In the current review, we found consistent evidence for the associations of younger age and male sex with higher PA only in children and adolescents. Among Thai adults and older adults these associations were inconsistent. A previous review for low- and middle-income countries [2] reported “mixed or weak” associations of gender and age with PA, whilst reviews for high-income countries [9, 23, 25] reported consistent associations. This might suggest that socioeconomic context in a given country may play a role in shaping the relationships of age and gender with PA. This should be further explored in future reviews of PA correlates in low- and middle-income countries and individual studies on gender- and age-specific determinants of PA. Given a relatively large number of studies included in the current review examining the association of PA with age and sex, the lack of consistent evidence in adults and older adults may suggest that the situation in Thailand is indeed different than in some other countries. For most other demographic variables, evidence on their association with PA was scarce or inconsistent in all age groups. More research is needed to understand which demographic characteristics are associated with higher PA levels in Thailand.

Evidence has strongly supported associations between different aspects of health and PA regardless of age [1, 197, 198, 199, 200]. Whilst we found evidence on the association of PA with self-reported general health in all age groups and with mental health in adults and older adults, evidence for most other, specific health variables and biological factors was scarce or inconsistent. Moreover, it should be noted that some of the identified health-related variables associated with PA may be outcomes of PA rather than factors affecting PA [201]. For example, it may be that in Thai adults high PA improves general health status, whilst it may also be that healthier Thai adults are more likely to engage in PA. The causality might as well be bidirectional [201]. From the cross-sectional studies included in this review, it was not possible to conclude about the causal direction of the relationships. Clearly, more research is needed on biological and health-related correlates of PA in the Thai population. Furthermore, a large proportion of non-significant associations found between obesity and PA in Thai adults is in accordance with findings of most previous, non-country-specific reviews [6]. Although it may seem reasonable to assume that obese people are less likely to engage in PA, and that more physically active people are less likely to get obese, this association is clearly not so straightforward. Multiple other factors, particularly diet, need to be considered to understand the potential association between PA and obesity.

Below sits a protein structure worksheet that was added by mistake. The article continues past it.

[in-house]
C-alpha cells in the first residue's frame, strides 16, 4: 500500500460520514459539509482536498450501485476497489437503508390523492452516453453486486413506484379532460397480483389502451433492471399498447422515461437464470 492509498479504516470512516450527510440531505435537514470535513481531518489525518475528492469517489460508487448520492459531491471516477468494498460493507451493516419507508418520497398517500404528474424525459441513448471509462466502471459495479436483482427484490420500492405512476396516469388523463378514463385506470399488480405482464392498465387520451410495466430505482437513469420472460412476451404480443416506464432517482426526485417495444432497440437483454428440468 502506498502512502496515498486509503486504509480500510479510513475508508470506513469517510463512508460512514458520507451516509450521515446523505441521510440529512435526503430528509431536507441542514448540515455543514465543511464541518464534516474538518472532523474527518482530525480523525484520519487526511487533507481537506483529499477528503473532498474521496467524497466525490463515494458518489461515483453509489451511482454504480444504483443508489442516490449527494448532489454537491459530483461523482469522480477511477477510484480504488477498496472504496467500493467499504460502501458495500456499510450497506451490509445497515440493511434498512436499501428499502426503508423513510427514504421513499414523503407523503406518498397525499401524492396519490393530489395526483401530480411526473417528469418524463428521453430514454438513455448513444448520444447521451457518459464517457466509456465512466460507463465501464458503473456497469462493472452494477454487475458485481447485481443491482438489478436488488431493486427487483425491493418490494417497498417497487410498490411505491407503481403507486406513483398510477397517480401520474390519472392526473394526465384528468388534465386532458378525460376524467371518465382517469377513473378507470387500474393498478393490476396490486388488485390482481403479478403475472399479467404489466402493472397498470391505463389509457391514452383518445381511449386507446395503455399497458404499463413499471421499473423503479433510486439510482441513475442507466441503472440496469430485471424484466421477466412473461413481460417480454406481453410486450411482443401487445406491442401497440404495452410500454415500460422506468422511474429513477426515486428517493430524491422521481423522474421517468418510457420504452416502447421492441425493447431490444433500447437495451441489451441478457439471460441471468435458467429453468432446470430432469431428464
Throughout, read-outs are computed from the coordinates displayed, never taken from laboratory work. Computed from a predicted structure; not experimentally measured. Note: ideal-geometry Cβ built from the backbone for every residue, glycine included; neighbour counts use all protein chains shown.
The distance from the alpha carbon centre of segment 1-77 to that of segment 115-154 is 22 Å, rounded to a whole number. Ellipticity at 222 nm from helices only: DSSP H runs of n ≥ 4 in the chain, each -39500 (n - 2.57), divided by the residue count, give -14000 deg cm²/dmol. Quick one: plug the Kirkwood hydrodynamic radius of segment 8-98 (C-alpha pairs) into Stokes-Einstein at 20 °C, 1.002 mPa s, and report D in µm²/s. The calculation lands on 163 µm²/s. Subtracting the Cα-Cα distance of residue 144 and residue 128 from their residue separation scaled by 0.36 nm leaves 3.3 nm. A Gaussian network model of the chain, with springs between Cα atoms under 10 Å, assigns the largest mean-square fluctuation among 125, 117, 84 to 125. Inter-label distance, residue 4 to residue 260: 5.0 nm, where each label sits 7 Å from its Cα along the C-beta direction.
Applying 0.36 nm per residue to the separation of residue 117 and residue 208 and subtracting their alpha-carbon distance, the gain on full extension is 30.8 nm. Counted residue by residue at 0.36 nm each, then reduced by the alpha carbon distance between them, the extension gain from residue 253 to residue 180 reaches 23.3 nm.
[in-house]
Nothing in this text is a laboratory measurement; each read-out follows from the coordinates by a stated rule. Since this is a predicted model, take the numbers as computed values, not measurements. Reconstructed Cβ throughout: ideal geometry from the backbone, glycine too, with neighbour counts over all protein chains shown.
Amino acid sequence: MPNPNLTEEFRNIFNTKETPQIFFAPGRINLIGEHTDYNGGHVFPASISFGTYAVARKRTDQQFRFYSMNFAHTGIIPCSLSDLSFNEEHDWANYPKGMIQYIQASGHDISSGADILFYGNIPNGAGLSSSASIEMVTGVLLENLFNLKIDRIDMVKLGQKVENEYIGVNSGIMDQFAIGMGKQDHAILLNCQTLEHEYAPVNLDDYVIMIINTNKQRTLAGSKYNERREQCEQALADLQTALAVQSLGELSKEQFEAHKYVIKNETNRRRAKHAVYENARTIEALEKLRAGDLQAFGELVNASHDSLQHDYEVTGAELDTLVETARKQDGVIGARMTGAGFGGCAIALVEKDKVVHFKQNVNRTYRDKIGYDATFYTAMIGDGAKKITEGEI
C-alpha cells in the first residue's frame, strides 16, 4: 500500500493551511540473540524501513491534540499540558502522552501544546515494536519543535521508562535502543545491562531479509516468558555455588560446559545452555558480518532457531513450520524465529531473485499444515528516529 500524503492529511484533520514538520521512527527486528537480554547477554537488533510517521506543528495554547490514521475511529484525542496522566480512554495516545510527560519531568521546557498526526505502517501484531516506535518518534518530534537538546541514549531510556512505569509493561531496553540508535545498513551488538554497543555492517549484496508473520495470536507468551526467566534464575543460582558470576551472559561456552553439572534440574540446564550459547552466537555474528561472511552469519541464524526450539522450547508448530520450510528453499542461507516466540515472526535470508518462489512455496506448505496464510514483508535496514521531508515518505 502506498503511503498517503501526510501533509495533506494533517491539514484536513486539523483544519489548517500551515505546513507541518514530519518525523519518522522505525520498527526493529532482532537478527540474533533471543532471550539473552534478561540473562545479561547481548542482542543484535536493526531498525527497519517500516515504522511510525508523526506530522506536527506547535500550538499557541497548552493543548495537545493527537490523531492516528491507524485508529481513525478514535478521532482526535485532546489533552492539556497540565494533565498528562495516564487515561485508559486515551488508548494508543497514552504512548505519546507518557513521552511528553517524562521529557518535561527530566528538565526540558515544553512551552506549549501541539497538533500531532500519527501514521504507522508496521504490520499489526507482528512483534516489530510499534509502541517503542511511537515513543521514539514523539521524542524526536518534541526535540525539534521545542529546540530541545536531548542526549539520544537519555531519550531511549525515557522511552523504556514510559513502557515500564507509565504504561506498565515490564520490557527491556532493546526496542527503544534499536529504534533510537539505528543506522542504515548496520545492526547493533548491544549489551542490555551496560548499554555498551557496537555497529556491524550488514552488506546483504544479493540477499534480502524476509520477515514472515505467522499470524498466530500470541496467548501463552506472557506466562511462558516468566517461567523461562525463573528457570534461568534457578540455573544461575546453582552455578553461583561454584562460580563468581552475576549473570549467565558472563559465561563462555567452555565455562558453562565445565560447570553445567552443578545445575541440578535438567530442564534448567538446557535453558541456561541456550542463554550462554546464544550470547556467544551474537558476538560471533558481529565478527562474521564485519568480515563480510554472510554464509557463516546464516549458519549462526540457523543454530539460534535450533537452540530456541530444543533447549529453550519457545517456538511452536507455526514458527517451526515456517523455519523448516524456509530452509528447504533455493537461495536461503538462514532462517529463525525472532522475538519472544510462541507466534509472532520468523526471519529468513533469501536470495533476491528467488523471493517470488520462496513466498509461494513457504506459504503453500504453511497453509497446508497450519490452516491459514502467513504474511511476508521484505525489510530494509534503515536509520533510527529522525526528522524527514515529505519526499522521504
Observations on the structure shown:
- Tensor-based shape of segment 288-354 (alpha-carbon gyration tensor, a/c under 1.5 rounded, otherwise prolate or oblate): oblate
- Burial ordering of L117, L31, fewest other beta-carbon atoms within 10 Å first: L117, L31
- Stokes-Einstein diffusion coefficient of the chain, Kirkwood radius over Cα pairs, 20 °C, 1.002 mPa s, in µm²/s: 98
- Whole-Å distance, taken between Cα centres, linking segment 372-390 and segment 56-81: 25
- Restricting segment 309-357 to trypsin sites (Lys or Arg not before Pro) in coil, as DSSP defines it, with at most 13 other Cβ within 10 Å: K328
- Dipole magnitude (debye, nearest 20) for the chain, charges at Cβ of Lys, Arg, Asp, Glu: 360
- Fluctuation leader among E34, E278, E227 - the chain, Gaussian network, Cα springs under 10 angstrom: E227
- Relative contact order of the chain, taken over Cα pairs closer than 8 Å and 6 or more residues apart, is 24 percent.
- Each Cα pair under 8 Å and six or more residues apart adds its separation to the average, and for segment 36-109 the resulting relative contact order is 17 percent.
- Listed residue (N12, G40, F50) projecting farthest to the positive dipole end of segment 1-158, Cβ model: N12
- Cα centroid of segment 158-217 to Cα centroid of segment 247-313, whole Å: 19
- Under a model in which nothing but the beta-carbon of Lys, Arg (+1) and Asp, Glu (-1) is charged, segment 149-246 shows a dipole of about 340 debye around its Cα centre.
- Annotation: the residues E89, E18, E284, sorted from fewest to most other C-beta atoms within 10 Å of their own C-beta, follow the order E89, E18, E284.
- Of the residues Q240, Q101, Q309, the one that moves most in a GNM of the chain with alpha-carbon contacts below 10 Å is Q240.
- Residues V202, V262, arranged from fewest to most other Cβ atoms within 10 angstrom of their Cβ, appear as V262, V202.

Previous reviews have identified physical skills, abilities, and fitness as important correlates of PA in all age groups [25, 202, 203]. Based on our review, it seems that this is also the case in the Thai context. It should be noted, however, that findings for nearly every variable in this category are based on results from only one study. Furthermore, findings for behavioural and lifestyle correlates of PA were mixed. We found evidence suggesting that higher PA is associated with past PA/exercise experience in children/adolescents and adults and knowledge of PA/exercise in children and older adults. Providing exercise instructions and opportunities to gain experience in PA/exercise might, therefore, be an effective way to increase PA participation in the Thai population. We also found that having more spare time may be associated with higher PA in adults and older adults. Time management interventions aimed at achieving balanced time use, to ensure enough spare time is available for engaging in PA, may be needed to increase PA levels in the Thai population [7].

It is interesting that consistent evidence of association with PA across all three age groups was found only for two psychological factors; namely self-efficacy and perceived barriers. Our finding regarding self-efficacy is in accordance with previous studies that identified this characteristic as an important determinant of PA behaviour across lifespan; from childhood to older age [2, 9, 25, 204, 205]. Furthermore, perceived barriers for PA are one’s evaluations of potential obstacles to start engaging in PA and/or to maintain regular PA (e.g. time constraints, lack of skills, unsuitable weather conditions). Although barriers for PA/exercise may be perceived differently by members of different age groups [206], they seem to be consistently negatively associated with PA behaviour for people of all ages in the Thai population. In previous, multinational reviews, including studies conducted in low-, middle-, and high-income countries, the authors reached inconsistent conclusions with respect to barriers to PA/exercise [2, 9, 24, 25]. For example, whilst Sallis et al. [24] suggested that perceived barriers are significantly associated with PA in children, van der Horst et al. suggested they are not [207]. Similarly, inconclusive findings for adults and older adults have also been reported by other authors [2, 25]. It may be that the association between perceived barriers to PA and PA levels is country-specific. Thus, acquiring country-level evidence may be needed to design effective interventions to tackle perceived barriers to PA.